With white blanketing Lee’s Summit yards, grass clippings are probably not on too many minds, but the cost of getting rid of them might go up based on a plan by the city.
The City Council’s Environment and Natural Resources Committee voted Feb. 3 to recommend an ordinance increasing prices for recycling yard waste to the full council.
The city wants to discourage the volume of yard waste it is getting at the Resource Recovery Park because the waste is overwhelming its capacity for composting and storage.
“We’ve always used fee structures to bring in more material or throttle it back,” said Chris Bussen, superintendent of solid waste.
The city recently had switch to a smaller composting pad because it needed to recover more dirt from the site of the old pad to cover trash being put into the landfill.
Besides intake increasing, Bussen said, a firm that had been buying a lot of Lee’s Summit compost has stopped. Combined, the result will result in too much material than the city can handle.
Bussen said the city uses fees to influence volume. Its composting fees are lower than competitors in the area, he said, so the increase is a strategy to decrease intake.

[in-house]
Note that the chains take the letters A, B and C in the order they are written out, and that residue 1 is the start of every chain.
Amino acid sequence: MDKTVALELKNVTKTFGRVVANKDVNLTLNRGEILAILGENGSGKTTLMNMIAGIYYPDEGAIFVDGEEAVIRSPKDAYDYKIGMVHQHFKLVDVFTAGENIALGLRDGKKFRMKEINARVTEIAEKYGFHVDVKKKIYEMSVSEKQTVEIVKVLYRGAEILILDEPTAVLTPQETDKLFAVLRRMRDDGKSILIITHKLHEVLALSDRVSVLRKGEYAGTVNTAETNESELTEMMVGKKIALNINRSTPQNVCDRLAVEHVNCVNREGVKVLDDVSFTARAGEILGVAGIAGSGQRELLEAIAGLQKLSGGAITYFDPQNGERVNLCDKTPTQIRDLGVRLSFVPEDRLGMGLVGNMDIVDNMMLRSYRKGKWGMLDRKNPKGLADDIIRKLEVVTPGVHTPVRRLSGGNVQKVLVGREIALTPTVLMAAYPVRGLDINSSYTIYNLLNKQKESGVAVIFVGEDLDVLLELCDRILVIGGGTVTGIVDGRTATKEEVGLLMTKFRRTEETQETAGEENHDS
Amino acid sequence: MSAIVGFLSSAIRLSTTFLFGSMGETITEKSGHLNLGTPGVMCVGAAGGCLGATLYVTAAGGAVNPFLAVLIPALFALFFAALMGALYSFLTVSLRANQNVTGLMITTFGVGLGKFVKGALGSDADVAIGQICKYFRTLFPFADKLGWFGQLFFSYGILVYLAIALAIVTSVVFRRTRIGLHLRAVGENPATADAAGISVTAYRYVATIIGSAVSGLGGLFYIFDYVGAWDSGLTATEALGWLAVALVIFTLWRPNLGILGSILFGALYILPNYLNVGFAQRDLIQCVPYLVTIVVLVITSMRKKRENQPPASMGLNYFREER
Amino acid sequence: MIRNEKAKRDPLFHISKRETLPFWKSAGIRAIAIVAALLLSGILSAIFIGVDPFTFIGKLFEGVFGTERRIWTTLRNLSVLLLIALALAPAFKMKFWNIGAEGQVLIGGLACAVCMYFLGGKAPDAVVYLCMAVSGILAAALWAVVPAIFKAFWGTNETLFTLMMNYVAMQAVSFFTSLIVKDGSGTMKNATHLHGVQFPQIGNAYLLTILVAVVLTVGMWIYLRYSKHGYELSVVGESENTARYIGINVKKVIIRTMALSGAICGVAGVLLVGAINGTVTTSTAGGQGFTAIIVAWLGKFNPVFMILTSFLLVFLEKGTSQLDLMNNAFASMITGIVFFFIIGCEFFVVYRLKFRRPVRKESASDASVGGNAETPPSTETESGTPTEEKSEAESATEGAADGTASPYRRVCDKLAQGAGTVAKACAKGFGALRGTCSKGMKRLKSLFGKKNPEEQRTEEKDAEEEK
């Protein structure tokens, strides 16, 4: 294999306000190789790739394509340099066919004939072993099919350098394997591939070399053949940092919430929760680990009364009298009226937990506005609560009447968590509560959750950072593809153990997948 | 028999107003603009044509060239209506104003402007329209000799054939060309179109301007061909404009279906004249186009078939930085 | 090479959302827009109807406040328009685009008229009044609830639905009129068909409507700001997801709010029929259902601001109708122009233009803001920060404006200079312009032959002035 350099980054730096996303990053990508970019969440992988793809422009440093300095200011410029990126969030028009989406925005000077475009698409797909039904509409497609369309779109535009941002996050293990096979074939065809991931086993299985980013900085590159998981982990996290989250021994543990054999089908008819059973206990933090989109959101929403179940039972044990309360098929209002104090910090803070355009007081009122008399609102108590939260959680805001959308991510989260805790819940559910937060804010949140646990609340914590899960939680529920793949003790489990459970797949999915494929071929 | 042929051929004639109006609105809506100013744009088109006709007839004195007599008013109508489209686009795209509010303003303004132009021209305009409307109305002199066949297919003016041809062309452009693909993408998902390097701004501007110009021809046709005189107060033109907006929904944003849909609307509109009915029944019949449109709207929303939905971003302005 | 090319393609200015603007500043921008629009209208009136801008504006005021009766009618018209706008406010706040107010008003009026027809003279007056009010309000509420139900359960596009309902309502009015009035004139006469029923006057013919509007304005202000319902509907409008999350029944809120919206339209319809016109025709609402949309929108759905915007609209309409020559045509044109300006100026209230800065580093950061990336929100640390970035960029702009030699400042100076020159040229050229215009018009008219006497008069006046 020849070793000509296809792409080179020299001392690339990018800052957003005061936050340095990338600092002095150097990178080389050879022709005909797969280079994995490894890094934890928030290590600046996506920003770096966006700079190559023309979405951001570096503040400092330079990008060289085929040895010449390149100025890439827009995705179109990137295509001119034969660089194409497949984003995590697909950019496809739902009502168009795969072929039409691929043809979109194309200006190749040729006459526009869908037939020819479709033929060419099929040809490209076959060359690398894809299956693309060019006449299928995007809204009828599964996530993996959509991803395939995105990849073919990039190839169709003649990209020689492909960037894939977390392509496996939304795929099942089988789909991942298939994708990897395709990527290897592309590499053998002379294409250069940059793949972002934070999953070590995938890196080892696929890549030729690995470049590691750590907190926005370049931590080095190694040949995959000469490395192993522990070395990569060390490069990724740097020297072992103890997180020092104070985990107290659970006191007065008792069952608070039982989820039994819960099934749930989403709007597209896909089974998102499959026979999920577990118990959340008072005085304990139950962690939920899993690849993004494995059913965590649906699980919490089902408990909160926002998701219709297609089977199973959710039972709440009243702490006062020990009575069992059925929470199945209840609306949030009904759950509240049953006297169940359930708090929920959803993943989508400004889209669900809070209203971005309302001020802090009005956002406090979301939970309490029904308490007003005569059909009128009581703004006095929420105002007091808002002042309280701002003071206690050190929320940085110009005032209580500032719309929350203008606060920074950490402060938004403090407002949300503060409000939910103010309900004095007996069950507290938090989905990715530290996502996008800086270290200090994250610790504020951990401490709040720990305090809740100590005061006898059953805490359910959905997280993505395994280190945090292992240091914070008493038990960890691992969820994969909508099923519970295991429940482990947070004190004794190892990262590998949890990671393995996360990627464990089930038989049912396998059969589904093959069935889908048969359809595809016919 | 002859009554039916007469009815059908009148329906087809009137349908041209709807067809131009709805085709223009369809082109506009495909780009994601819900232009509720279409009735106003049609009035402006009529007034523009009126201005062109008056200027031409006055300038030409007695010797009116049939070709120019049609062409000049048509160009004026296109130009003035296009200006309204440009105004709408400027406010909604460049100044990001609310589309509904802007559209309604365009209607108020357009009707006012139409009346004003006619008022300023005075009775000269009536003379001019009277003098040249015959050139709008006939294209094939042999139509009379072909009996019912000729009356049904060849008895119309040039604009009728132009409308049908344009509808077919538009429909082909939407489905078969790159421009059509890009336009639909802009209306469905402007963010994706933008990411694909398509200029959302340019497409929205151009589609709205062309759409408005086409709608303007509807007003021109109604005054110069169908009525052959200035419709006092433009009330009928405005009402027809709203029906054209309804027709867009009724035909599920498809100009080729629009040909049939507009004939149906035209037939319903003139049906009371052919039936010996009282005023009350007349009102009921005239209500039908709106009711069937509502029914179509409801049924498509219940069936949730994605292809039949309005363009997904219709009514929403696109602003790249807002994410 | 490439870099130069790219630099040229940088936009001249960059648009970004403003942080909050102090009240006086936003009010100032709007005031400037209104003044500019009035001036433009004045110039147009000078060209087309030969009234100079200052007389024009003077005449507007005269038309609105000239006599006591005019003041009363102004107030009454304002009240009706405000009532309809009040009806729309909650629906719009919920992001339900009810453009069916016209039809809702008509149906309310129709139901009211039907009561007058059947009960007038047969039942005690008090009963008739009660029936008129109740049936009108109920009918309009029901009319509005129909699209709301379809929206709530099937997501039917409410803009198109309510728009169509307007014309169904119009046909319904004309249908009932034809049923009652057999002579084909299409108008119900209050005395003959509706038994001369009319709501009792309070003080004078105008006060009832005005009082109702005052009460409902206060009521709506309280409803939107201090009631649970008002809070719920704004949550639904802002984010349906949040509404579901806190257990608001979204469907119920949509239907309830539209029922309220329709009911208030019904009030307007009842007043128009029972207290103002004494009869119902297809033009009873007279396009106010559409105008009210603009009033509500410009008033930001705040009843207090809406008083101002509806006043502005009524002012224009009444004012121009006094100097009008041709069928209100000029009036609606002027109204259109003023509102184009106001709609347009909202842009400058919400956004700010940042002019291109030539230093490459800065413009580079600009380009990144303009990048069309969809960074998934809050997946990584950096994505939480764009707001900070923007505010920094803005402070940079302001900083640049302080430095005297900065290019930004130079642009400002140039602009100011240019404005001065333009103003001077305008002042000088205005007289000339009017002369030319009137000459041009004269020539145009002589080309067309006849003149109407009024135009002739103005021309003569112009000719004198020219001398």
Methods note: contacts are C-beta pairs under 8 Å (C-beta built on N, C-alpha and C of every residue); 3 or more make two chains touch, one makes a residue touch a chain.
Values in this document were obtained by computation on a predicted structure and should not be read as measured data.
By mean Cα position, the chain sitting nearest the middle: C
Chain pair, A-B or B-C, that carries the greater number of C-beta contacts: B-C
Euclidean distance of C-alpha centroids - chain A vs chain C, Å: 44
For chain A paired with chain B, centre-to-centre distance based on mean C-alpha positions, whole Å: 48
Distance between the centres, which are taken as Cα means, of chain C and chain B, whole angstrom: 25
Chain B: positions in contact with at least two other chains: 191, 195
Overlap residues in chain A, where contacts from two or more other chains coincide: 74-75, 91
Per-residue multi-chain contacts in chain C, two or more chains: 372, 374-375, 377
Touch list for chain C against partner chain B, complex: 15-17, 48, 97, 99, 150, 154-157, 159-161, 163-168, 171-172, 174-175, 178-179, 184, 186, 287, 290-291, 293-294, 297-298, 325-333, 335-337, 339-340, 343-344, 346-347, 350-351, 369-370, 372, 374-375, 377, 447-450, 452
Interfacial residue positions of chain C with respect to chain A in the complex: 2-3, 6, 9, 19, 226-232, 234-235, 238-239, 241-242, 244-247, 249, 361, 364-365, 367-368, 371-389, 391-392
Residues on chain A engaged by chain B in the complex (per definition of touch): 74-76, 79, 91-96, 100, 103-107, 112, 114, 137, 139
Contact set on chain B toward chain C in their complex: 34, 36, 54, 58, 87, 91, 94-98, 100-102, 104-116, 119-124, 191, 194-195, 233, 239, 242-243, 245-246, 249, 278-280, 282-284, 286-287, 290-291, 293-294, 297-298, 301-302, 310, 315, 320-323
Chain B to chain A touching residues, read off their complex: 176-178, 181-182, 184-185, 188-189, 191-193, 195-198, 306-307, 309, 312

For people hauling their own bags of clippings to the landfill for composting, prices won’t go up. They’re currently charged $.75 a bag for resident and $1.50 a bag for non residents.
That’s about 30 percent of residents, Bussen said.
The possible effect on rest of Lee’s Summit consumers is uncertain because it’s unknown how trash haulers will react. The commercial haulers might pass along the price increases, Bussen said, or take yard waste elsewhere.
The price increase to haulers, if approved by the full council, would go from $9.38 per cubic yard for a packer-full of yard waste to $37.52 a cubic yard. That’s unless the hauler has a contract with the city to deliver a minimum of 200 tons of trash to the landfill as well, then the price for yard waste would be $18.76 a cubic yard.